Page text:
State wins case against Vreba-Hoff 10.27

Written by David Green.

Operators of the two Vreba-Hoff dairies northwest of Morenci have long maintained that the liquid manure they use to irrigate fields is diluted sufficiently for safe application.

The Michigan Department of Natural Resources and Environment (DNRE) faults the dairies for failing to meet the treatment standards established in the farms’ National Pollutant Discharge Elimination System (NPDES) permit.

An NPDES permit is issued to regulate the discharge of pollutants into surface waters. In Vreba-Hoff’s case, the permit requires the treatment of liquid manure to meet concentration-based limits, imposed in 2007 as part of a modification of a previous court order.

Ingham County Circuit Court Judge James Giddings last week ordered Vreba-Hoff to cease irrigation of wastewater that fails to meet permitted standards. In addition, the dairies were ordered to maintain compliance with all storage capacity requirements of the permit.

In September 2010, Giddings found there was no factual dispute that Vreba-Hoff continued to violate the permit limits as alleged by the DNRE in its lawsuit against the dairies, and he found that Vreba-Hoff had no plan to correct the violations.

An order in favor of the DNRE was granted then, but the parties were granted additional time to negotiate a remedy. Giddings agreed last week that negotiations failed to result in a solution.

The DNRE lawsuit charged that Vreba-Hoff irrigated fields in 2008 and 2009 with wastewater that failed to reach permitted levels, and continued to “unlawfully irrigate” this year after the DNRE’s lawsuit was filed in December 2009.

Earlier this month, the Circuit Court approved a $580,000 lien against the dairies on behalf of the DNRE to cover unpaid penalties and financial assurance.

Vreba-Hoff also faces foreclosure action from a mortgage company on $55 million in loans.

  • Front.nok Hok
    GAMES DAY—Finn Molitierno (right) celebrates a goal during a game of Nok Hockey with his sister, Kyla. The two tried out a variety of games Saturday at Stair District Library’s annual International Games Day event. One of the activities featured a sort of scavenger hunt in which participants had to locate facts presented in the Smithsonian Hometown Teams exhibit. The traveling show left Morenci’s library Tuesday, wrapping up a series of programs that began Oct. 2. Additional photos are on page 7.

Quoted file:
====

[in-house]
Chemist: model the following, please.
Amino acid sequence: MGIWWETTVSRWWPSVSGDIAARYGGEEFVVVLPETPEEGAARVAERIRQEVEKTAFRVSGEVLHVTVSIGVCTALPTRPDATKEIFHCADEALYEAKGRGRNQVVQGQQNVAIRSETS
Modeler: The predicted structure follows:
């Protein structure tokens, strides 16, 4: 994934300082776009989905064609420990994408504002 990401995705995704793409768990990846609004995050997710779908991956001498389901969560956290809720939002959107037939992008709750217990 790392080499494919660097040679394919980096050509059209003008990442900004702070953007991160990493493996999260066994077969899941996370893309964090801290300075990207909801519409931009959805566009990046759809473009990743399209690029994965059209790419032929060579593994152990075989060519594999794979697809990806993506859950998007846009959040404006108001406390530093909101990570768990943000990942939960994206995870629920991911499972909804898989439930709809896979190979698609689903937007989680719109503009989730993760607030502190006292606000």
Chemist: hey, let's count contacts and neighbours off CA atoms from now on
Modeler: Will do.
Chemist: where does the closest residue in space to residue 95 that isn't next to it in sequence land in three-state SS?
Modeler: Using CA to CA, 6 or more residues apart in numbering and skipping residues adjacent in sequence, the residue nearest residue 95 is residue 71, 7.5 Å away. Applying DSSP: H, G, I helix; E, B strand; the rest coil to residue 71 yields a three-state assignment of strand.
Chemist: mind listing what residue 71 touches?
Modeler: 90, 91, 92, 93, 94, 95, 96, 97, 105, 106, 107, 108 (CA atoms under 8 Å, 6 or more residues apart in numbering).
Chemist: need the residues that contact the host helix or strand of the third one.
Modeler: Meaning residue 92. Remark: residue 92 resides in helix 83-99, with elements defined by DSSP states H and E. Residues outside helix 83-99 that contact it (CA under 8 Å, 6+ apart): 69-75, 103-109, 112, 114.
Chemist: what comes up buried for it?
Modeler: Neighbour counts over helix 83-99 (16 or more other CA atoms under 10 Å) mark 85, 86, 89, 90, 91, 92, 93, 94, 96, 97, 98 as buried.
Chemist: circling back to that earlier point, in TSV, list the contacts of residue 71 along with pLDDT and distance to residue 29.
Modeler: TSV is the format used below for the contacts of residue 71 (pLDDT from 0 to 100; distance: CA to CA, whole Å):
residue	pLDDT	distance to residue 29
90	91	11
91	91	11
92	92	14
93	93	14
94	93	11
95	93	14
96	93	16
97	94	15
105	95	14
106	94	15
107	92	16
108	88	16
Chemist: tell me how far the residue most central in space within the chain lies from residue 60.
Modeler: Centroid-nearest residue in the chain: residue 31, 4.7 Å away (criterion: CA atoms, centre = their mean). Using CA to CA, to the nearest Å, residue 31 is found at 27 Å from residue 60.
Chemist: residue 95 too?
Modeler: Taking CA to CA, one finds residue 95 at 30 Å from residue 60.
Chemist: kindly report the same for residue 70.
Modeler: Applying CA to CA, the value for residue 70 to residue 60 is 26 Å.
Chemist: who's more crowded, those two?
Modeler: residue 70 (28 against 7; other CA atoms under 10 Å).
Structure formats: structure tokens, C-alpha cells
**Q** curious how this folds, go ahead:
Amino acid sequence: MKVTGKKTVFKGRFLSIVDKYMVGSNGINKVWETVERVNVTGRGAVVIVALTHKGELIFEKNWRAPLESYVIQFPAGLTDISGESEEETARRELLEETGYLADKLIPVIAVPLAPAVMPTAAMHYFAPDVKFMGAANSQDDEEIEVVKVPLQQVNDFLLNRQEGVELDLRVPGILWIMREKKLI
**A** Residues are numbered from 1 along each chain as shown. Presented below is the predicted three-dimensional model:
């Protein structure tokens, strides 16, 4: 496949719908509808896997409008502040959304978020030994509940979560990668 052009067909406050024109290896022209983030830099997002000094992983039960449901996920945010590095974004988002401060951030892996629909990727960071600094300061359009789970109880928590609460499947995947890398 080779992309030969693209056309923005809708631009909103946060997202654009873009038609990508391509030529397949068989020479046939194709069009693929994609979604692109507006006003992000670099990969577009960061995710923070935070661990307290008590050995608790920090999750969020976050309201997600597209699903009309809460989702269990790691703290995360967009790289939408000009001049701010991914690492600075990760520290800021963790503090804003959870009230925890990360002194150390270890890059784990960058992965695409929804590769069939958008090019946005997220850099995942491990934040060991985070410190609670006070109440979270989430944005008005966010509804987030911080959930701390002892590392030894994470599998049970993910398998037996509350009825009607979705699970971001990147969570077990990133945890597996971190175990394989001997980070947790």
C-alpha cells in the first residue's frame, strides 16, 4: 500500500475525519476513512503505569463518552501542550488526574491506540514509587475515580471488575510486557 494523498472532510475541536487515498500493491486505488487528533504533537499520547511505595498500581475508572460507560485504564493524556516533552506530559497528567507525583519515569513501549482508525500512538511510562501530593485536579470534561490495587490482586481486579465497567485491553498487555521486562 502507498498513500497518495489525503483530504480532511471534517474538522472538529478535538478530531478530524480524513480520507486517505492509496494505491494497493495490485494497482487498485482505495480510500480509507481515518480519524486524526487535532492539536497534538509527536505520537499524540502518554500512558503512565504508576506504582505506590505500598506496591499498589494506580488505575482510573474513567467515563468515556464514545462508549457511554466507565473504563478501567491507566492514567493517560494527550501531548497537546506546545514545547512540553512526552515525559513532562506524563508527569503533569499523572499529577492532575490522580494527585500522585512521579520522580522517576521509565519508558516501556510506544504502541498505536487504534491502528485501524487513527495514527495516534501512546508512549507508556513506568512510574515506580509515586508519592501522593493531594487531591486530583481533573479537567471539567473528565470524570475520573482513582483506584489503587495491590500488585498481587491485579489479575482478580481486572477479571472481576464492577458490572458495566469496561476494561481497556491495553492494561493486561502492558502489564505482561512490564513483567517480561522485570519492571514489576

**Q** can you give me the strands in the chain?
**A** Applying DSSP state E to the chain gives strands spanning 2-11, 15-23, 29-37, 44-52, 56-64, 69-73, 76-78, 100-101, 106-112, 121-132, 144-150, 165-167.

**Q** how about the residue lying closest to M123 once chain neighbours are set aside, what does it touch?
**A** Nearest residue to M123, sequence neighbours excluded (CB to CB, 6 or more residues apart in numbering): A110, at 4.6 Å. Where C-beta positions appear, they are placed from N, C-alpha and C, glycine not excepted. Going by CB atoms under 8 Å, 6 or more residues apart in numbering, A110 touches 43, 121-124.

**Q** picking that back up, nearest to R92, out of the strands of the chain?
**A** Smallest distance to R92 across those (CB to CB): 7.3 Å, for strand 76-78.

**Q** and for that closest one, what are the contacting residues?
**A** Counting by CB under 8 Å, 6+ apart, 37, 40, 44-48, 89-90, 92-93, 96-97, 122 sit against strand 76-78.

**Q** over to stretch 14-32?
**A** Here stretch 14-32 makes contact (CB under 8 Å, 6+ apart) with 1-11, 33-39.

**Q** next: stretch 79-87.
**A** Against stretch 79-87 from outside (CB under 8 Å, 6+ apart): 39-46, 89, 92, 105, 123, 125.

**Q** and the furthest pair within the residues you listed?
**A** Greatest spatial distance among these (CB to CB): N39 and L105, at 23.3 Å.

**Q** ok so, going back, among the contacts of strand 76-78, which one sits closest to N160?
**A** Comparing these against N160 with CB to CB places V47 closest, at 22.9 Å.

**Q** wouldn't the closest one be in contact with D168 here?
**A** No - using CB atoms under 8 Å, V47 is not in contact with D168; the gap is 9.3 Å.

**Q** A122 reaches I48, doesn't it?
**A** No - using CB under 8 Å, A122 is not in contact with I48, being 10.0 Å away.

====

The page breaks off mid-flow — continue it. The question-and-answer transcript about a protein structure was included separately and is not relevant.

• Station.2
    STRANGE STUFF—Morenci Elementary School students learn that blue isn’t really blue when seen through the right color of lens. Volunteer April Pike presents the lesson to students at one of the many stations brought to the school by the COSI science center. The theme of this year’s visit was the solar system.
  • Front.leaves
    MAPLE leaves show their fall colors in a puddle at Morenci’s Riverside Natural Area. “This was a great year for colors,” said local weather watcher George Isobar. Chilly mornings will give way to seasonable fall temperatures for the next two weeks.
  • Front.band
    MORENCI Marching Band member Brittany Dennis keeps the beat Friday during the half-time show of the Morenci/Pittsford football game. Color guard member Jordan Cordts is at the left. The band performed this season under the direction of Doyle Rodenbeck who served as Morenci’s band director in the 1970s. He’s serving as a substitute during a family leave.
  • Front.poles
    MOVING EAST—Utility workers continue their slow progress east along U.S. 20 south of Morenci. New electrical poles are put in place before wiring is moved into place.
  • Front.cowboy
    A PERFORMER named Biligbaatar, a member of the AnDa Union troupe from Inner Mongolia, dances at Stair District Library last week during a visit to the Midwest. The nine-member group blends a variety of traditions from Inner and Outer Mongolia. The music is described as drawing from “all the Mongol tribes that Genghis Khan unified.” The group considers itself music gatherers whose goal is to preserve traditional sounds of Mongolia. Biligbaatar grew up among traditional herders who live in yurts. Additional photos are on the back page of this week’s Observer.
  • Front.bear
    HOLDEN HUTCHISON gives a hug to a black bear cub—the product of a taxidermist’s skills—at the Michigan DNR’s Great Youth Jamboree. The event on Sunday marked the fourth year of the Jamboree. Additional photos are on page 12.

Weekly newspaper serving SE Michigan and NW Ohio - State Line Observer ©2006-2016